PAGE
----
by Sir Lawrence A Joseph
On 22 February 2017, the Court of Appeal in Guyana, in a split decision upheld the decision of the High Court that the legislation which was passed by the National Assembly (Guyana’s Parliament) in 2001 to limit the times that a person could become President of Guyana to 2 terms was unconstitutional. Purportedly section 90 of the 1980 constitution was altered by a two-thirds majority of the National Assembly in order to achieve this result. On 9 July 2015, then Chief Justice Ian Chang in the High court had made the ruling. This decision was made in response to a legal challenge which had been made by a private citizen, Cedric Richardson in December 2014 against the Attorney General and the Speaker of the National Assembly. The present Attorney General, Basil Williams has now stated his intention to appeal the decision of the Court of Appeal to the Caribbean Court of Justice being Guyana’s highest Appellate Court.
When Guyana became independent in 1966, its Independence Constitution took effect. In 1978 a constitutional referendum was successfully held under then President Forbes Burnham on 10 July 1978 which altered Article 73 of the 1966 Constitution. This alteration abolished the need to hold a referendum to change certain entrenched provisions in the constitution including presidential powers, dissolution of Parliament and the electoral system. It was following this alteration that the present 1980 Constitution became effective. Article 164 (1) of the 1980 Guyana Constitution allows votes of the majority of the National Assembly to alter the Constitution but subject to subsections (2) and (3). Sub-section (2) establishes two categories of Articles: some in sub-paragraph (a) and some in sub-paragraph (b). Sub-section (2) provides that if a Bill does not set out to alter any of the provisions in subparagraph (a) and is supported by not less than a two-thirds majority of votes in the National Assembly, then it is not necessary to have a referendum. Article 90 which deals with the term limit of the President, is not included in sub-paragraph (a) but is in sub-paragraph (b). It is most reasonable therefore to interpret this as establishing that there is no necessity to hold a referendum with regards to Article 90.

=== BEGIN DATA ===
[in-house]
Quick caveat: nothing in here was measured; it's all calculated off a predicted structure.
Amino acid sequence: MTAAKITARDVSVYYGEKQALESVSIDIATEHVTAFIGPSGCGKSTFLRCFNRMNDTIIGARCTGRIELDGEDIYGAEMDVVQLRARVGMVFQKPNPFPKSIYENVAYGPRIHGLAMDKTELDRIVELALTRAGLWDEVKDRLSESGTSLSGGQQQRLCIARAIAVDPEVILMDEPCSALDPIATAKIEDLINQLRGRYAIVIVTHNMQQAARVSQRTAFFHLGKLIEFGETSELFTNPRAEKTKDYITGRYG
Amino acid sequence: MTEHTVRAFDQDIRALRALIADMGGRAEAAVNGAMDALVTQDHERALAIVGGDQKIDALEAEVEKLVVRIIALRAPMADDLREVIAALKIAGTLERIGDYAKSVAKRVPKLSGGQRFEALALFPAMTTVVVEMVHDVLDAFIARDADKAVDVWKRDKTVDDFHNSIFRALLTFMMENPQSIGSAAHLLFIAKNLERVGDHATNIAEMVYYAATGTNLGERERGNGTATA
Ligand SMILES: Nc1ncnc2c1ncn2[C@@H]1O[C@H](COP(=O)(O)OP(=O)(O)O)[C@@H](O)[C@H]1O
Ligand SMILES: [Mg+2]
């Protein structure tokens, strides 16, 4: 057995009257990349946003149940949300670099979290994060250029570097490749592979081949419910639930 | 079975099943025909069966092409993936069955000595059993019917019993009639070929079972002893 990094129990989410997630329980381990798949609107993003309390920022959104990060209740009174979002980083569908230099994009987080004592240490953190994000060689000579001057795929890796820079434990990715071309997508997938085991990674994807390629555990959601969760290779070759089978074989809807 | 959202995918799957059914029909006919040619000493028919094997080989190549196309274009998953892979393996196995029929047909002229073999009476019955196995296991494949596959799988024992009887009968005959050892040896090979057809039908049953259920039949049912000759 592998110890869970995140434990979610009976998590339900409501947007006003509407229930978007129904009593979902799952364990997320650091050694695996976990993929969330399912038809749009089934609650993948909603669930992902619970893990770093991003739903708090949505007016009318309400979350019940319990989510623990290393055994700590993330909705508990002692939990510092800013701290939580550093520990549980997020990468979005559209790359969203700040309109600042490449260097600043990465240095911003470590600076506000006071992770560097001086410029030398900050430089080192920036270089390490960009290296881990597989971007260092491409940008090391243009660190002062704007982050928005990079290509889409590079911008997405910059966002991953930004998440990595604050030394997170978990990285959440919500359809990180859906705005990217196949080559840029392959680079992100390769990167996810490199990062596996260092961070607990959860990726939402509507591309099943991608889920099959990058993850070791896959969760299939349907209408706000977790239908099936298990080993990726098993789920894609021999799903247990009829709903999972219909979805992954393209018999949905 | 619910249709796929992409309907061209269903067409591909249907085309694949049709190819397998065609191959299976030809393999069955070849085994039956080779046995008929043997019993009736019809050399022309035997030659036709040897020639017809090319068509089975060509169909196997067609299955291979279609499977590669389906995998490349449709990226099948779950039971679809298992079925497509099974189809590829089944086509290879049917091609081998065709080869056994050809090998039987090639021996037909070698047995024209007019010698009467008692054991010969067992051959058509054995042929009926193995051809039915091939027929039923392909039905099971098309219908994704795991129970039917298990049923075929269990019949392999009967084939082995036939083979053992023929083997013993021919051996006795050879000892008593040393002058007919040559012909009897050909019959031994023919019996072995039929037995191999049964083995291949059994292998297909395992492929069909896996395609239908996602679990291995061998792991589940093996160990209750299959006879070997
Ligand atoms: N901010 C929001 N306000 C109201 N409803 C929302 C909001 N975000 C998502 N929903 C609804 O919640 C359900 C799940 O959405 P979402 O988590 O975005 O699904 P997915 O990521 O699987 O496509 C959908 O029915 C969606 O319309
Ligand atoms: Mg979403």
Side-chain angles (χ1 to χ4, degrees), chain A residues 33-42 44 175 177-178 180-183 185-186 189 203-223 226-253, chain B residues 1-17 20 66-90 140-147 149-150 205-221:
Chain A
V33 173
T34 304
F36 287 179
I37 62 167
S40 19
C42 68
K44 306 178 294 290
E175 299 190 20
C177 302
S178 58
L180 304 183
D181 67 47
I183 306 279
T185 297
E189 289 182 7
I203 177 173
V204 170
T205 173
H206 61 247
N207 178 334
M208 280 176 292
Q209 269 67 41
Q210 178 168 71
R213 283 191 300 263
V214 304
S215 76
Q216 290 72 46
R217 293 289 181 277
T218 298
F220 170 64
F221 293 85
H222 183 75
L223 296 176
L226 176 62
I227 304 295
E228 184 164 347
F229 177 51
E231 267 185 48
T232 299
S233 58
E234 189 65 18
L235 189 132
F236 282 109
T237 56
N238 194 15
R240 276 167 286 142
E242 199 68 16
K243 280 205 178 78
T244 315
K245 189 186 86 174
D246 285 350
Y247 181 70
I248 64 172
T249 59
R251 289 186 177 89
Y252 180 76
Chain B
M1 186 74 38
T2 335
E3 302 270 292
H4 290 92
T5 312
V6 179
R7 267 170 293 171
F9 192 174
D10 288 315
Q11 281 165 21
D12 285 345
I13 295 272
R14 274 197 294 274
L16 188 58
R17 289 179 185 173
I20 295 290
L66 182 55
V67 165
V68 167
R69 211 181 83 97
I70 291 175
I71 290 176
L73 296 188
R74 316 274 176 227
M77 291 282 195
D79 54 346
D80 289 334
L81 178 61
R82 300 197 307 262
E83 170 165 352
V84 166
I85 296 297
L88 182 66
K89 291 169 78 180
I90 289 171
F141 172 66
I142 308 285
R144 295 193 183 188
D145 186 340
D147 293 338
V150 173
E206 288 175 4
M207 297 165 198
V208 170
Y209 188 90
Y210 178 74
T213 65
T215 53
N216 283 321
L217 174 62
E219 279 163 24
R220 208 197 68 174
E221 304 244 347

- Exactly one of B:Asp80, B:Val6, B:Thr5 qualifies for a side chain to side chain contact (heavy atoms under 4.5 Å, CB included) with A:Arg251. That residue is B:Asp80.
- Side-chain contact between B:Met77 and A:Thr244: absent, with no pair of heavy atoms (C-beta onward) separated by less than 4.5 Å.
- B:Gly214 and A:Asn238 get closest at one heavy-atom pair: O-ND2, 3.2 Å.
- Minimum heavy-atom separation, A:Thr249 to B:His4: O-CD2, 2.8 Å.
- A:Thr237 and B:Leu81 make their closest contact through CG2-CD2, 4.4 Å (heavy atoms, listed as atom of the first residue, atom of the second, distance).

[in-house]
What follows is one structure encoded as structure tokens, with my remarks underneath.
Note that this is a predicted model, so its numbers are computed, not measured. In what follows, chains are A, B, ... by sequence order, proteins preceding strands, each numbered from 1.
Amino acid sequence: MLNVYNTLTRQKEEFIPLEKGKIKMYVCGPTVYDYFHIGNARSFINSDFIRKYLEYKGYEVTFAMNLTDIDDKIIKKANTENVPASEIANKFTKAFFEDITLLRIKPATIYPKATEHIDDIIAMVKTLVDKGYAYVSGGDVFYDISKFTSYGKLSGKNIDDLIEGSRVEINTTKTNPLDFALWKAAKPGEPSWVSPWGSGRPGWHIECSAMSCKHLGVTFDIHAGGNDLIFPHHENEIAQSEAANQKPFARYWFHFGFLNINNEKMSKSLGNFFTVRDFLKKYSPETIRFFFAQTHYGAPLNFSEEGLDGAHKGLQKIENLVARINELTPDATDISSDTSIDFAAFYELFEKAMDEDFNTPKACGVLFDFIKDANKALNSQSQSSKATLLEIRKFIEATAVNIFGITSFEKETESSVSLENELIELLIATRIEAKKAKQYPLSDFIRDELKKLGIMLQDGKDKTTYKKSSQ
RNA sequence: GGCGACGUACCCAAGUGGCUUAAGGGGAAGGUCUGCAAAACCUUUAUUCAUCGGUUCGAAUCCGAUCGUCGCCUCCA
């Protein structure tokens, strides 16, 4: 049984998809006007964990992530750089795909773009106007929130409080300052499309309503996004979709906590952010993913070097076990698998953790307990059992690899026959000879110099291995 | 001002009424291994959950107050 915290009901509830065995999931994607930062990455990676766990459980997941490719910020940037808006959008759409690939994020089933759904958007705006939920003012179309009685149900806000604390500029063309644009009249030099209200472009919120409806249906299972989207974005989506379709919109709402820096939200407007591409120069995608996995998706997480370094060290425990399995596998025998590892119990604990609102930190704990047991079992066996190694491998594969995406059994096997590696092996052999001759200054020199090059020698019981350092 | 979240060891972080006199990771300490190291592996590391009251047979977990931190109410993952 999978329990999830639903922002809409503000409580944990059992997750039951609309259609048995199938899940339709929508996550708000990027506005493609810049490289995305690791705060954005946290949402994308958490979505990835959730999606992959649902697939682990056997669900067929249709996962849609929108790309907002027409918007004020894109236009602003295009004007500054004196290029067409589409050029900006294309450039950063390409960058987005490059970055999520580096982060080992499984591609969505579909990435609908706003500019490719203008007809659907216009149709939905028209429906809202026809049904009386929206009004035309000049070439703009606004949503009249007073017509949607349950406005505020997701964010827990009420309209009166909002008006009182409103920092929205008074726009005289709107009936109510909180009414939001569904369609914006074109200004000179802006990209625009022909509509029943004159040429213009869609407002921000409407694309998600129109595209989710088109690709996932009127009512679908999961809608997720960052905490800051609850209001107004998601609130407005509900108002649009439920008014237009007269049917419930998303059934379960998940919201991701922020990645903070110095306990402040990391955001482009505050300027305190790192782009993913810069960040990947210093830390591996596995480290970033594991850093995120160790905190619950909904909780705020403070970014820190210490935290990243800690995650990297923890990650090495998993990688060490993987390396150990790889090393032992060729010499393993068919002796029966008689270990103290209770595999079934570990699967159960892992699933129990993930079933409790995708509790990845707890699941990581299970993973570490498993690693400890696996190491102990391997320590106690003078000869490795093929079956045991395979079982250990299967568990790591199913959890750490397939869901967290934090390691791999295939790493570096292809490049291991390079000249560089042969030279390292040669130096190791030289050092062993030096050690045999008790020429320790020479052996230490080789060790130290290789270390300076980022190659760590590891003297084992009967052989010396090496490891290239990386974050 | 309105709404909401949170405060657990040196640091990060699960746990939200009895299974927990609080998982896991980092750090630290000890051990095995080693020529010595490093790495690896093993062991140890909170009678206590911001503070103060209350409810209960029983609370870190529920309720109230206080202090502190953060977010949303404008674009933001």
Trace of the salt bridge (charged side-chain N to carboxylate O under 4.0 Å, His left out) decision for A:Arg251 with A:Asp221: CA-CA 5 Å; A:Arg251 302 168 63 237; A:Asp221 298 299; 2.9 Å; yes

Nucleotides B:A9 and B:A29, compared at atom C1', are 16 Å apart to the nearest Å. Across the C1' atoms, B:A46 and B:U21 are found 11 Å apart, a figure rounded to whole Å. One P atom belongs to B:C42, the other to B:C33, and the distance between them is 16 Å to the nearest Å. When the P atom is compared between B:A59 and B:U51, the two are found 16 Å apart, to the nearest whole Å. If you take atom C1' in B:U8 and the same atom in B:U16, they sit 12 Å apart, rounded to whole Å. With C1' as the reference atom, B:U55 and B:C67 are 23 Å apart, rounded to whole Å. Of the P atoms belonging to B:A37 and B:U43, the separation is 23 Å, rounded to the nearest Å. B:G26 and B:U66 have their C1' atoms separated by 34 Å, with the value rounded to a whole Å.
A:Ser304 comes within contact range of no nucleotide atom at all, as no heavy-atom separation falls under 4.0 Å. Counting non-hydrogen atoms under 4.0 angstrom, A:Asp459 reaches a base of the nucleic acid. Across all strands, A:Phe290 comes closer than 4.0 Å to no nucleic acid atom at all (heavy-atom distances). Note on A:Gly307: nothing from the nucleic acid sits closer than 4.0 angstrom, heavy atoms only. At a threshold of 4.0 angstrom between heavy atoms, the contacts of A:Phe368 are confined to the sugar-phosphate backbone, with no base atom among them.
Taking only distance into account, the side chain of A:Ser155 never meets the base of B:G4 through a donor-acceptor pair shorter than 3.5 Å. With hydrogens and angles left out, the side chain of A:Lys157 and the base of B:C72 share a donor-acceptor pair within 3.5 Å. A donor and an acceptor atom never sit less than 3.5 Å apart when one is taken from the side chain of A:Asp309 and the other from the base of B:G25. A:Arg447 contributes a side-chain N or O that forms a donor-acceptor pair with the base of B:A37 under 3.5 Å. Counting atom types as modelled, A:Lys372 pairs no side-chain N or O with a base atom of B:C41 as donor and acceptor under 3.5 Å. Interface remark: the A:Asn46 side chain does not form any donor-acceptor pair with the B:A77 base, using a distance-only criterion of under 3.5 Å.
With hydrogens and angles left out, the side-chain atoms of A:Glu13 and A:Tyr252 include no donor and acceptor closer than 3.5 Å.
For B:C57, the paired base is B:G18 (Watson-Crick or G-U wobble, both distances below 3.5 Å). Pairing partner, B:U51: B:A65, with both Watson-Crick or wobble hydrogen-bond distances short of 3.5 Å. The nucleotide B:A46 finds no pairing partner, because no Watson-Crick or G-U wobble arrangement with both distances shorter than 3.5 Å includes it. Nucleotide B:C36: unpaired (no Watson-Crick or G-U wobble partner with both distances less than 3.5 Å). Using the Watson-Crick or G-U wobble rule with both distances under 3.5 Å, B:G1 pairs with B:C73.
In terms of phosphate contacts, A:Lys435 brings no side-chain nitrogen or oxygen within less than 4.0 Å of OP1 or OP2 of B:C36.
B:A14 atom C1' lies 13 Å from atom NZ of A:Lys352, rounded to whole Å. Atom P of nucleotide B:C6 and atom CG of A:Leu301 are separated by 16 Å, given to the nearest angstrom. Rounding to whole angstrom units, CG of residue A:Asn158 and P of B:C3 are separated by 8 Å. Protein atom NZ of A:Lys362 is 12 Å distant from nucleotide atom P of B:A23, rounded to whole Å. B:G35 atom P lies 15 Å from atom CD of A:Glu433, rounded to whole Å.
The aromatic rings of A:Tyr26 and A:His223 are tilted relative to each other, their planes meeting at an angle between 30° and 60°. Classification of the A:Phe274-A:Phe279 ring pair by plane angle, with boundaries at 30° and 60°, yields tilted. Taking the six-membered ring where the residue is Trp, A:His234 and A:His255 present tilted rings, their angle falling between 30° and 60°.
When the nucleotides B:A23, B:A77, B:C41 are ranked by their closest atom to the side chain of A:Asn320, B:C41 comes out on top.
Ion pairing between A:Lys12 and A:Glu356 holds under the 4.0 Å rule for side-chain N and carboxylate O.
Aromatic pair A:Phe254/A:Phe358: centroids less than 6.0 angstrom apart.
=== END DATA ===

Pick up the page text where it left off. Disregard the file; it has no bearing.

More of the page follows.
Notwithstanding the above provisions, then Acting Chief Justice Ian Chang upheld the contention of the applicant Cedric Richardson that the purported alteration of the Constitution by the 2001 legislation diminishes and reduces the level of democracy enjoyed by the electorate and therefore required the holding of a referendum for such alteration.
It is important to understand the context in which Richardson’s writ was filed. At the end of 2014 campaigning for general elections in Guyana was reaching fever pitch and supporters of then President Bharat Jagdeo seemed to have expressed an interest in his running for the presidency for a third term. However, it was the general understanding that proposition was unconstitutional. As events unfolded the question of Jagdeo’s becoming President for a third term after the subsequently contested elections became mute. Jagdeo’s party, the People’s Progressive Party (Civic) eventually lost the 11 May 2015 general elections to a Coalition of parties led by former Army Brigadier David Granger comprising A Partnership for National Unity and the Alliance for Change (APNU/AFC). However, if the present court rulings of the High Court and Court of Appeal are left unchallenged then that will clear the way for Bharat Jagdeo to run as a Presidential candidate for a third time, at the next general elections. This prospect does not seem to be one which the present administration relishes, hence the appeal to the CCJ.
In any event, besides directly impacting on the presidential term limit, the rulings of both the High Court and the Court of Appeal would have significant implications for several other constitutional amendments which were made in the past in accordance with Article 164 (1) of the 1980 Constitution. These were made over the years by a two-thirds majority of the National Assembly without the holding of referenda. These include the establishment of several rights-based commissions which gained multi-party consensus before the passage of the relevant Acts. The unravelling of these would prove to be a constitutional nightmare.
From all indications the decisions of both the High Court and the Court of Appeal seem to be most irrational as it seems that adequate measures were put in place for the appropriate constitutional amendments to be made. The passage of legislation by a two-thirds majority of the National Assembly in accordance with section 164 (1) of the 1980 Constitution seems to be within the provisions of that constitution. It would be most interesting therefore to see the determination of the CCJ.